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A Diverse Economy

Does Hawaii need one? How should we get it?

(page 2 of 4)

David Watamull, CEO of Cardax Pharmaceuticals,
says Hawaii's lack of venture capital
prevents local start-ups from growing or forces them to move.

Bill Spencer, CEO of Hawaii Oceanic Technology and president of the Hawaii Venture Capital Association, notes, “Right now, we have an economy that depends on tourism to survive. Yet, here we are – we don’t even have enough revenue to keep our beach bathrooms clean.” Like Gibson, Spencer believes the solution lies in building a broader base for the economy. “We’re missing one leg of the stool. We need a third leg, some way to balance the economy – because right now, if anything hurts tourism, tourism goes down and we’re in the dump.”

But to Brewbaker, diversification isn’t about jobs – or even revenues, exactly – though he does agree with the analogy of the economy as an investment portfolio. “In classic portfolio theory,” he says, “one seeks diversification as a way of maximizing risk-adjusted returns.” The idea is to reduce risk by carrying a mix of assets. That way, when one class of investments is depressed (stocks and bonds for the individual investor, say, or tourism and construction for the larger economy), the effect is moderated by others in your portfolio (real estate and commodities for the individual, or high tech and film for the state). Economists call this effect “negative cross-correlation.” The problem, according to Brewbaker, is that the government usually approaches economic diversification blindly.

“Nobody,” he says, “actually does any analysis as to whether, by diversifying into a particular industry, the negative cross-correlation of its performance with respect to existing industries’ performances is risk-reducing. The state doesn’t even know what that last sentence means; and yet, it is the actual reason for diversifying a portfolio!”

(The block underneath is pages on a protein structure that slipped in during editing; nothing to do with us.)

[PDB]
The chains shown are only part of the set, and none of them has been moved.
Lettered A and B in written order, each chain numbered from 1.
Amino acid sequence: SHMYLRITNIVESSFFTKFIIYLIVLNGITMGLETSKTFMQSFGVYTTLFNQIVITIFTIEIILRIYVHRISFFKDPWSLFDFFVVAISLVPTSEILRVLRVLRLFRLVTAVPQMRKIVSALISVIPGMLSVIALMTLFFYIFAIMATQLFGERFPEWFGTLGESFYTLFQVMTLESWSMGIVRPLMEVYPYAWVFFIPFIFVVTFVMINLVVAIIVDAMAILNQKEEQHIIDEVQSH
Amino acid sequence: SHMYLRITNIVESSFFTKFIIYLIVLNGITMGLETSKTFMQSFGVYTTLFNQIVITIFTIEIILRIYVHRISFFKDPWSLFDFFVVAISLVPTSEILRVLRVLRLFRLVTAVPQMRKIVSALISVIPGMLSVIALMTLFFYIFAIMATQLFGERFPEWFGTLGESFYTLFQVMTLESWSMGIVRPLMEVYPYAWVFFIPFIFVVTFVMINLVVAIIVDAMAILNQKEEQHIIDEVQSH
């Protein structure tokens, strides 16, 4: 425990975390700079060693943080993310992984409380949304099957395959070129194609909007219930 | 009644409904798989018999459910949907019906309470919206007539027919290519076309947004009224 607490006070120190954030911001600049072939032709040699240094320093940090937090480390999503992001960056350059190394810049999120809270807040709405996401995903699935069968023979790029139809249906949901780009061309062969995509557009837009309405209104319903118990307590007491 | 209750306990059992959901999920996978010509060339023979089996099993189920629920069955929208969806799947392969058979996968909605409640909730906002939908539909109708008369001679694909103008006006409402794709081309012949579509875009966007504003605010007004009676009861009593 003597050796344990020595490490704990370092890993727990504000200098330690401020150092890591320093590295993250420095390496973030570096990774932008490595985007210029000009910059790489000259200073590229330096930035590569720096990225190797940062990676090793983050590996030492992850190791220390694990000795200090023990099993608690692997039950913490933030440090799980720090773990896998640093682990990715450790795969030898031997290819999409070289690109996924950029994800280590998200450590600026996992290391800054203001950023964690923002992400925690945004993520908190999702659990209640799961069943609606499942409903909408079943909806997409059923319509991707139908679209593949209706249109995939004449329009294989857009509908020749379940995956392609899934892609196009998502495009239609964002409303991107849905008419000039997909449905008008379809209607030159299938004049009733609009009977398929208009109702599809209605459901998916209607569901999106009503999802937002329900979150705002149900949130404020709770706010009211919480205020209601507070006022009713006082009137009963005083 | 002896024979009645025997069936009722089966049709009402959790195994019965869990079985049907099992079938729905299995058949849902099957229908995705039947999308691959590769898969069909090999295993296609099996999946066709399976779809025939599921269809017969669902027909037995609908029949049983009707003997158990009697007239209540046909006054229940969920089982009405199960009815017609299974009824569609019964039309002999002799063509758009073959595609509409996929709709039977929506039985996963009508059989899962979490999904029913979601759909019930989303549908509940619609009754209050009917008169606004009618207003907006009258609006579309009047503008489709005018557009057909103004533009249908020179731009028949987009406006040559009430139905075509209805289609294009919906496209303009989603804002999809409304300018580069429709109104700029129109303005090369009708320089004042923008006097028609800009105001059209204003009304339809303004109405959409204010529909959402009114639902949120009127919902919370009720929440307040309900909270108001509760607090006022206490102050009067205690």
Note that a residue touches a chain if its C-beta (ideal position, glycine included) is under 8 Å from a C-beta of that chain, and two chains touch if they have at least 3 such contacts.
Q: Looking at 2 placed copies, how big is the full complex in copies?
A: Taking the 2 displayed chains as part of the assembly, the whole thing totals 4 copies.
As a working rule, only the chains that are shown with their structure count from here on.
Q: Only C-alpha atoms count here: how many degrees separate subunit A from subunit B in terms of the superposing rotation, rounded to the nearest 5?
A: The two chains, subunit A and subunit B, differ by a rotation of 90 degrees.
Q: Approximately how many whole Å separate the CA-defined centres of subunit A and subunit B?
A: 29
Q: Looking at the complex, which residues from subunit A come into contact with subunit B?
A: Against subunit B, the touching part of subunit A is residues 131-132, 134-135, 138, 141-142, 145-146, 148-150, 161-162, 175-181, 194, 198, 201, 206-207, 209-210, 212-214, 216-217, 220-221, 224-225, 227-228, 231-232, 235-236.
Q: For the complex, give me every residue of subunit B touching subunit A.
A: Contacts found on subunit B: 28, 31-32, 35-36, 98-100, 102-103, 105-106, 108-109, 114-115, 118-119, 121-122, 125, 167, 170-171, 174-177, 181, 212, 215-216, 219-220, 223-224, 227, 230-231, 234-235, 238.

A Capital Idea

Still, the march toward diversification stumbles on. Broadly speaking, there are two camps in the debate on how to get there. (True skeptics, like Brewbaker, rarely get to make their case.) One camp believes that the main impediment to growing a vibrant tech sector is a shortage of investment capital for promising companies. The other camp, while acknowledging the dearth of capital, believes that the cure is much more complicated and includes better education, workforce development and improved infrastructure. Their debates resemble the old “chicken or the egg” dilemma.

David Watumull, president and CEO of Cardax Pharmaceuticals, believes the problem is capital. He points out that Hawaii is fairly efficient at supporting early-stage companies, helping them with proof of concept. Angel investors and a series of tax credits play a vital role at this level. “(Act) 221 was certainly part of that,” Watumull says. “It did an excellent job of getting startups going.” The difficulty, he points out, is funding the growth stages that produce viable, profitable companies. “That’s traditionally been funded by venture capital,” he says, “and Hawaii’s traditionally venture poor.”